“(I like to use the cleanser) Cetaphil. I use the face wash, and I travel with it. I like the Revlon eyelash curler; it’s as good as any eyelash curler I’ve ever used. I love drugstore make-up, too. I remember going as a little girl to the drugstore down the street from my grandmother’s house, and I’d spend hours looking at nail polish and lipstick and blush,” the 43-year-old recalled.
Recently, Reese also shared that she looks to her 19-year-old daughter Ava Phillippe for make-up tips as the teenager has become quite the cosmetics whizz, especially when it comes to the application of eyeliner and highlighter.
“If I have to do my make-up for a dinner or something, I’ll be like, ‘Ava, can you fix my eyeshadow? I can’t remember what goes in the crease,’ because she has this intense knowledge about how to shade. It’s crazy,” she smiled.
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Jeremy Scott has opened up about what camp means to him in the wake of the 2019 Met Gala.Designers took the theme, Camp: Notes on Fashion, and ran with it at this year’s style extravaganza, with celebrities like Katy Perry, Celine Dion and Billy Porter…
Jeremy Scott has opened up about what camp means to him in the wake of the 2019 Met Gala.
Designers took the theme, Camp: Notes on Fashion, and ran with it at this year’s style extravaganza, with celebrities like Katy Perry, Celine Dion and Billy Porter stepping out in spectacular designs.
The concept was taken from Susan Sontag’s 1964 essay of the same name, with an exhibition based around the idea set to open at The Metropolitan Museum of Art on Wednesday, curated by officials at the museum’s Costume Institute.
Talking about how camp informs his own designs, Scott told Interview magazine: “Camp to me means over-the-top humour, usually coupled with big doses of glamour. Like everything, the meaning is defined by context. A lot of what is now camp was dead serious at one time, and vice versa.
“I’ve grown up in a very post-post-modern world-references piled on top of references, decades re-emerged and remixed to define the ones we are living in. I grew up genuinely loving things that were bright and glossy, colourful and full of joy-like Barbie. Her late ’80s pink Corvette lifestyle of big blonde hair, totally pink minidresses, and perpetually perfect accessories are now, in this time, rendered ripe for camp.”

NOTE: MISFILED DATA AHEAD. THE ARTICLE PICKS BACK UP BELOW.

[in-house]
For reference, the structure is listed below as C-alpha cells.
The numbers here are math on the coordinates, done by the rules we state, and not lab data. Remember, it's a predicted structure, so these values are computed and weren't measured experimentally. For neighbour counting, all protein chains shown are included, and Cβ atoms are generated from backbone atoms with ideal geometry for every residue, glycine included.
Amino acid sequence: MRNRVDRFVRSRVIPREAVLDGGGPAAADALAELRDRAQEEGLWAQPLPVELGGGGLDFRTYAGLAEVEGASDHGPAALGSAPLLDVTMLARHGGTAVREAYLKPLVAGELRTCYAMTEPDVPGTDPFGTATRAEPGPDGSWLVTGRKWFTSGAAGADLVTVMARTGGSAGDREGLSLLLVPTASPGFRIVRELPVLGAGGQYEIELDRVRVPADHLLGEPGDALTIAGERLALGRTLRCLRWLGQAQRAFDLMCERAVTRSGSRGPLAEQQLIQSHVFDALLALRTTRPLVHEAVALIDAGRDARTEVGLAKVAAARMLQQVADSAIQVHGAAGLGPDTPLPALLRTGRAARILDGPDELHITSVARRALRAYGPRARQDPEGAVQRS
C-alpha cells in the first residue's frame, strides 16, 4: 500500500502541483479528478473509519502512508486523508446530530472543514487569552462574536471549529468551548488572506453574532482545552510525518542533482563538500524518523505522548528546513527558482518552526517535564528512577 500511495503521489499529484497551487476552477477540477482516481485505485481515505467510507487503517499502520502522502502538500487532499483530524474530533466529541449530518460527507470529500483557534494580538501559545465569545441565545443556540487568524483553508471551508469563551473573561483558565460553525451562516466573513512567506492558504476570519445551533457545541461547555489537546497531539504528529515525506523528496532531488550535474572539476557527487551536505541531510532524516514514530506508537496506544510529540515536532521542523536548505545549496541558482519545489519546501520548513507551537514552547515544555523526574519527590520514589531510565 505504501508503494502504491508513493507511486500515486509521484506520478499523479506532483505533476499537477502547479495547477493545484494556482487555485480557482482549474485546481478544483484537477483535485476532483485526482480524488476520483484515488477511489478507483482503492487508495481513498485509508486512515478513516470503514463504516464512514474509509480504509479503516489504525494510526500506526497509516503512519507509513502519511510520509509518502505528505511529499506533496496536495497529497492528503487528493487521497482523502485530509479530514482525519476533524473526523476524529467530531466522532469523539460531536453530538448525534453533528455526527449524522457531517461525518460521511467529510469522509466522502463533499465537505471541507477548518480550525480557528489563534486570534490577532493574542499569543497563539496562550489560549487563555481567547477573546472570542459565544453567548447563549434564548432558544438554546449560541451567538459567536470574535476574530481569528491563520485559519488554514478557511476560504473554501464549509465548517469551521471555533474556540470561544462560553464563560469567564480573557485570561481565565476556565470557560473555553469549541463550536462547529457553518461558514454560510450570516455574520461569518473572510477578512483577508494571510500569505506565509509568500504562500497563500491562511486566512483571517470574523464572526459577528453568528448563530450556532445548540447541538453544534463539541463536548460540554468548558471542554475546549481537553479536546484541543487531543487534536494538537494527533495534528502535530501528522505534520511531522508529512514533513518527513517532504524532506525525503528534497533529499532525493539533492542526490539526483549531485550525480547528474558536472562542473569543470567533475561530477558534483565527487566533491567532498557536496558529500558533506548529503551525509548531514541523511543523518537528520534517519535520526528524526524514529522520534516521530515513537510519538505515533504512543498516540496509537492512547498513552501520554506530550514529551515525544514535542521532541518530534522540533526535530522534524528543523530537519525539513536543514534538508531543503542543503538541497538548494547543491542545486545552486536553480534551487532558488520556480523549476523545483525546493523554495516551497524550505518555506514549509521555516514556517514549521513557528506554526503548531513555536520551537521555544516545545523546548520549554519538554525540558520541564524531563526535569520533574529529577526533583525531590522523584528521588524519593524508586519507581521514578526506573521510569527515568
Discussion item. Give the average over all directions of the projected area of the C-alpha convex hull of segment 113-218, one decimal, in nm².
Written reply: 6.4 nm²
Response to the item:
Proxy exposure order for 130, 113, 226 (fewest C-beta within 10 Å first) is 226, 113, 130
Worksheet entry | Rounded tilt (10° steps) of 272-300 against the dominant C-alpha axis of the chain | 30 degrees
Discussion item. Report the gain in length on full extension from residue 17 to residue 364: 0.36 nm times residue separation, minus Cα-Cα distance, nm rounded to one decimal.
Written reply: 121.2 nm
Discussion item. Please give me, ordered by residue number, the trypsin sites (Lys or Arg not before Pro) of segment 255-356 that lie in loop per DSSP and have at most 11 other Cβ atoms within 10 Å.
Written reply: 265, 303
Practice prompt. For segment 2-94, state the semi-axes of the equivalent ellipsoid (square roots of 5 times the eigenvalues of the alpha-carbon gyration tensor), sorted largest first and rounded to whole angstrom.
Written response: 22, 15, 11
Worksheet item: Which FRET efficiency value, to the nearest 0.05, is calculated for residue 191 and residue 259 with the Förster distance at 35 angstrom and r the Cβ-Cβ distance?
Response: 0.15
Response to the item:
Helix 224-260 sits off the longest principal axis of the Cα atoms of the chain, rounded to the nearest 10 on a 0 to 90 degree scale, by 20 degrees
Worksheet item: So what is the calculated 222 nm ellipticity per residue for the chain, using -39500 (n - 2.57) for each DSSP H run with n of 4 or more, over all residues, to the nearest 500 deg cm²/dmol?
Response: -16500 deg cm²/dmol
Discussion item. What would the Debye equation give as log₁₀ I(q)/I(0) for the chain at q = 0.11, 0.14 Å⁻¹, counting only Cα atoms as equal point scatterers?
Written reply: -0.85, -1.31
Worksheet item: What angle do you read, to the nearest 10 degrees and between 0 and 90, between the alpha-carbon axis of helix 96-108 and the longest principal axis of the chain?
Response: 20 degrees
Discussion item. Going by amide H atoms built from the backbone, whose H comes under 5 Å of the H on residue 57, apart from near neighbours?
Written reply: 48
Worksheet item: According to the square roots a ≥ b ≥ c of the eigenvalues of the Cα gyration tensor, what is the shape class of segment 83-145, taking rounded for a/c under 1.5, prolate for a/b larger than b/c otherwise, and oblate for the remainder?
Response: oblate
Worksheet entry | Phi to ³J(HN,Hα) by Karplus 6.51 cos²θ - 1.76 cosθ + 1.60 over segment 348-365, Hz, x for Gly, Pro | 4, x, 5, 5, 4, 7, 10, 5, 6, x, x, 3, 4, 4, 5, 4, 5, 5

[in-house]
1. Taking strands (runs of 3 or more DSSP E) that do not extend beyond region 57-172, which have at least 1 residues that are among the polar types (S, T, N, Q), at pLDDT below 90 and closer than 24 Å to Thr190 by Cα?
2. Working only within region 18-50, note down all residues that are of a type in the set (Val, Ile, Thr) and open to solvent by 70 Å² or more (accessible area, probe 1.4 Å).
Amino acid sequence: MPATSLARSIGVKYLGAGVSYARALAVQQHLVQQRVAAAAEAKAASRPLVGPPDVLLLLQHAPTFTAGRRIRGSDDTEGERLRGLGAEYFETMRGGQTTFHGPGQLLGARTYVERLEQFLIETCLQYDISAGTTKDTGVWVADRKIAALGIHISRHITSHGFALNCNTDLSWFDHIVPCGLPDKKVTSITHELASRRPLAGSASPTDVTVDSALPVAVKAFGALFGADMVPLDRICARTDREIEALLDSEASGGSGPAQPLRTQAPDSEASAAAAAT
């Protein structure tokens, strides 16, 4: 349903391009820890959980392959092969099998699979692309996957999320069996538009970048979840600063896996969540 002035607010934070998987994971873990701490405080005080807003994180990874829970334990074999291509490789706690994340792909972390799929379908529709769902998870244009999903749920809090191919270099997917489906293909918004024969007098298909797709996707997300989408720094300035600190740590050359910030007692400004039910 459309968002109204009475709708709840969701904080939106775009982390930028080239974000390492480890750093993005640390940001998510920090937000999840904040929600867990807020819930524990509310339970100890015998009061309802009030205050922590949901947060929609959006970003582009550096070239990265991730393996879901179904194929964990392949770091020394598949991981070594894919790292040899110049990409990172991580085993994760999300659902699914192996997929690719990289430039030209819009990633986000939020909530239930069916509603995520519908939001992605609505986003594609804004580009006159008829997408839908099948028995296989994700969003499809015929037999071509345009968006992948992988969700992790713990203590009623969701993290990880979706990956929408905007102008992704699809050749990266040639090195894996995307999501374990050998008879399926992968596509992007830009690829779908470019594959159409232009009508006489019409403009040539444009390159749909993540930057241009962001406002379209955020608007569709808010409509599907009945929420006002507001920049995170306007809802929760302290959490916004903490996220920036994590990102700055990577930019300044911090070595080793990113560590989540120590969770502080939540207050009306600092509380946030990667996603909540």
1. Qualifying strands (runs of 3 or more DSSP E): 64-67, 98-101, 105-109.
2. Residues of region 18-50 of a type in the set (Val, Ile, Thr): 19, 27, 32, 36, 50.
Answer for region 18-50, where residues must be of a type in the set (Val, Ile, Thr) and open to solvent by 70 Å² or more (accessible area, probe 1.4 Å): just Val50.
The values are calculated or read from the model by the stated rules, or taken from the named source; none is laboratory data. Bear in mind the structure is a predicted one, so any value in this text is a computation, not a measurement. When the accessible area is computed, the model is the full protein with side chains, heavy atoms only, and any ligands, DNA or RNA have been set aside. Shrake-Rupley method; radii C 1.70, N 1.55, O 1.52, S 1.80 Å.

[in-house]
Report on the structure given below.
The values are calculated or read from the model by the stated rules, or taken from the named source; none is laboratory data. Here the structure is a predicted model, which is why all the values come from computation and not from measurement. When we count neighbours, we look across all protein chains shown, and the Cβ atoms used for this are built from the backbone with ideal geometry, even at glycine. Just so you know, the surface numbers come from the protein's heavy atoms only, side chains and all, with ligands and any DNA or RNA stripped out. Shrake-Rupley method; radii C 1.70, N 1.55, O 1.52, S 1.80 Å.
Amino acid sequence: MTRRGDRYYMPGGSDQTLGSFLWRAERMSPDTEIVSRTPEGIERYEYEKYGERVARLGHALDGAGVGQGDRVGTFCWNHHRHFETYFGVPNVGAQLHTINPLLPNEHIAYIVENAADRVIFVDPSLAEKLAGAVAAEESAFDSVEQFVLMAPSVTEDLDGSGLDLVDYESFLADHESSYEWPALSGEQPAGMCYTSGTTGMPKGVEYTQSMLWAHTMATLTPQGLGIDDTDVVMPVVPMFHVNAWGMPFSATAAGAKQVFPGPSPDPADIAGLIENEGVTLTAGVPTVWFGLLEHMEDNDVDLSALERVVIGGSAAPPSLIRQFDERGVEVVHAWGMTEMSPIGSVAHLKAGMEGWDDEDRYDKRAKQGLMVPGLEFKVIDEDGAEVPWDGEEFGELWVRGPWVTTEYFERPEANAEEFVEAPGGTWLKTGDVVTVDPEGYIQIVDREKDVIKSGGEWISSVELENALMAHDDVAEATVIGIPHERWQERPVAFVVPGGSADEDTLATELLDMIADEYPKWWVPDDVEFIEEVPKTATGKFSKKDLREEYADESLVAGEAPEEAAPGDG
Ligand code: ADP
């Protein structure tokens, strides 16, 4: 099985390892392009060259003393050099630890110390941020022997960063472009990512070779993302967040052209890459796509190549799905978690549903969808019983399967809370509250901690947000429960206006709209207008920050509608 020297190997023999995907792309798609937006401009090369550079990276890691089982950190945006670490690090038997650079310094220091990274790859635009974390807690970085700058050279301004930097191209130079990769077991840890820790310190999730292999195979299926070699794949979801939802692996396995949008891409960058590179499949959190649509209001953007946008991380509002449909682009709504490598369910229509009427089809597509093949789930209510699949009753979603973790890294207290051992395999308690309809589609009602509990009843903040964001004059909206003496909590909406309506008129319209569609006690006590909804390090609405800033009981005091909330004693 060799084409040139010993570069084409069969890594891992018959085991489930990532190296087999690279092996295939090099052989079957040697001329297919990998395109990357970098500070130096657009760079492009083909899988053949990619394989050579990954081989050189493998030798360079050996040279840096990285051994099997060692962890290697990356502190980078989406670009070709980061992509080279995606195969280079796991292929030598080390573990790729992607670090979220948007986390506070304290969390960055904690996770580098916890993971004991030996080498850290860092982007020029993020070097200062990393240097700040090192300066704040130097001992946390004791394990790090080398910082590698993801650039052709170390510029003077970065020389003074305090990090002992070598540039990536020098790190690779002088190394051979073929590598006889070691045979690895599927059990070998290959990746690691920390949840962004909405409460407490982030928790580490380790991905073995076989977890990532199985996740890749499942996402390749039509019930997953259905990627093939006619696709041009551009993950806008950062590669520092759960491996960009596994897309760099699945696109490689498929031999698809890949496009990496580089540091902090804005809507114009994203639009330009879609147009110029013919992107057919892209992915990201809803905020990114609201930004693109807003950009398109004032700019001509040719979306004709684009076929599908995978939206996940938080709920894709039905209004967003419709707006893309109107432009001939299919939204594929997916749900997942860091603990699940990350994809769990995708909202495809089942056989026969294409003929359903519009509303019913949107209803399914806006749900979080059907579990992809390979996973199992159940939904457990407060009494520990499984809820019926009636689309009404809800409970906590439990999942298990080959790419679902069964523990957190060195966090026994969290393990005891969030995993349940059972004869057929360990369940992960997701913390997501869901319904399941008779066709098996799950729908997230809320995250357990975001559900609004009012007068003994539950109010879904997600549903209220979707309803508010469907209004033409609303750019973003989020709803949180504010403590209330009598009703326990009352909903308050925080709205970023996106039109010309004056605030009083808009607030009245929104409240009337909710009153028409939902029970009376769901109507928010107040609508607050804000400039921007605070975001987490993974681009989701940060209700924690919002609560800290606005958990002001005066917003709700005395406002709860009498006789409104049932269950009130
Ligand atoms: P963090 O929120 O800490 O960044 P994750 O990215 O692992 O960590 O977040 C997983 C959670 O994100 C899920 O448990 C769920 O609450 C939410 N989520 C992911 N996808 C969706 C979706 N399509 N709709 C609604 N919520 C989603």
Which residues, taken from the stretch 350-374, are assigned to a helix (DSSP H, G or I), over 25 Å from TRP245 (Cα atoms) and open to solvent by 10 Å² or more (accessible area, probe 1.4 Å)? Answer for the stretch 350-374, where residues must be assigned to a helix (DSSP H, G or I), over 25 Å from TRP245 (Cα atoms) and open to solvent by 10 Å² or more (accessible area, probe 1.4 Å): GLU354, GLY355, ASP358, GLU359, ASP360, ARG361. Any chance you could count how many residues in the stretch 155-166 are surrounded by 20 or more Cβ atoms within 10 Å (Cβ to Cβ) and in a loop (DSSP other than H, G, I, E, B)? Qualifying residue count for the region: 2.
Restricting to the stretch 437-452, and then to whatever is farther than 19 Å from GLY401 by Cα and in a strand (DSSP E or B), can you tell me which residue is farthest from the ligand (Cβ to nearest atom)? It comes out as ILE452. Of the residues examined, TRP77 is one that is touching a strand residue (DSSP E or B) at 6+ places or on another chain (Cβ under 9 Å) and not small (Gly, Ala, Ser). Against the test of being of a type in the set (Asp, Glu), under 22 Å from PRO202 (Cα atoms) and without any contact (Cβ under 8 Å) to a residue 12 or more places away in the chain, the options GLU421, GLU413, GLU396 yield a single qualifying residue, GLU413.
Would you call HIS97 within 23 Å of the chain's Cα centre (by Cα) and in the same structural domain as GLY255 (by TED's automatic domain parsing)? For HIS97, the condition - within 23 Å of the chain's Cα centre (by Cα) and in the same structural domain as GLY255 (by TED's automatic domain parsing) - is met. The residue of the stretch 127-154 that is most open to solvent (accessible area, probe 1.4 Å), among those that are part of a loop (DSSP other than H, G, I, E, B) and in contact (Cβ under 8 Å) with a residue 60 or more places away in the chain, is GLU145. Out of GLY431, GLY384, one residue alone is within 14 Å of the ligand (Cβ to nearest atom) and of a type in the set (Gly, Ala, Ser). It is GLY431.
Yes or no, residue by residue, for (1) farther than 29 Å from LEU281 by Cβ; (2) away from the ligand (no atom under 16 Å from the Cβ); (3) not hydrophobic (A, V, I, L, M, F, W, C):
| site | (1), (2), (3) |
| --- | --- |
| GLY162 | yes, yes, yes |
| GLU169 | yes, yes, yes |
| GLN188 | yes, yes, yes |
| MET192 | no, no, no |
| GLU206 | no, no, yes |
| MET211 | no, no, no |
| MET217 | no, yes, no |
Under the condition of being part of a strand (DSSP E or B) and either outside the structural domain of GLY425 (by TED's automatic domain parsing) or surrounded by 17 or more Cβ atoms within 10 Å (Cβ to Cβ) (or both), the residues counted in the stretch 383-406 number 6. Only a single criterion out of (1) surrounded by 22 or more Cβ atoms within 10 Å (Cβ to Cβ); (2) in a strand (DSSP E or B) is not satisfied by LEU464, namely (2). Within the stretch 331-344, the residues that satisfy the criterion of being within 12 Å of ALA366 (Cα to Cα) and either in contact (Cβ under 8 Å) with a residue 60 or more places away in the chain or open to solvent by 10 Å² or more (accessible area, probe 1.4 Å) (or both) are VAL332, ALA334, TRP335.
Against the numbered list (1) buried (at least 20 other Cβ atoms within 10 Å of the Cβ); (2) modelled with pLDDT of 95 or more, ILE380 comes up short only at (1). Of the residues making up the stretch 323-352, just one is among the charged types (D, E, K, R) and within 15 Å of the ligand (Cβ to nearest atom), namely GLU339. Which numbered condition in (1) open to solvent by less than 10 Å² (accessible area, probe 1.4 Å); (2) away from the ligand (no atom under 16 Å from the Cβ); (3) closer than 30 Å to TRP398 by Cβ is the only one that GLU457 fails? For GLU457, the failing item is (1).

For Monday’s event, Moschino head Scott dressed Stella Maxwell, Sarah Paulson, Bella Hadid, Gwen Stefani, Perry, who’s outfit resembled a chandelier, Tracee Ellis Ross, who was decked out with a giant photo frame attached to the front of her dress, and Kacey Musgraves, who came as a real-life Barbie.
The designer ramped things up even more for the after-party looks, with Roar singer Perry slipping into a Moschino burger costume and Stefani swapping her sexy showgirl outfit for an ultra mini skirt with matching tank top bearing the New York Post’s logo.
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Gwen Stefani is hoping her bold new eyewear collection will appeal to Oprah Winfrey. The singer has unveiled her fourth line of cool spectacles under her fashion company L.A.M.B. and she’s hoping the new designs will be her biggest hit to date. “I…
Gwen Stefani is hoping her bold new eyewear collection will appeal to Oprah Winfrey.
The singer has unveiled her fourth line of cool spectacles under her fashion company L.A.M.B. and she’s hoping the new designs will be her biggest hit to date.
“It’s something that you wouldn’t find everywhere,” she tells People “They still have that edgy, weird ‘Where did you get those?’ vibe.”
The blonde beauty is hoping the items turn Oprah’s head, revealing she is in awe of the media mogul’s eyewear choices.
“She’s definitely a queen, and the queen of eyewear,” the former No Doubt singer shares. “She knows how to do it, because she doesn’t stick to one look, and she’s always mixing it up, but she’s bold.”
“She’s a perfect example of somebody that wears eyewear that reflects who she is. She’s not just one thing. She’s all those versions, and so I think she’s a really good person to… I need to send her some glasses.”
The 49 year old launched the accessories line in 2016 and admits her passion for the designs has been a large part of her creative process.
“I’ve always been a sunglasses junkie, and I’ve been so blessed because through the years, I’ve had so many amazing designers send me sunglasses,” she says. “For whatever reason, people see me as a person that would wear anything, so I’ve always had the craziest glasses.”
Stefani now truly appreciates eyewear, revealing she was once put off by the fact she had to wear glasses due to poor sight.
“I feel like probably how everyone else feels (sic),” she says. “I feel like I don’t want to wear them because I have to wear them, you know what I mean? But being able to design them and mix in my passion for fashion has changed that.”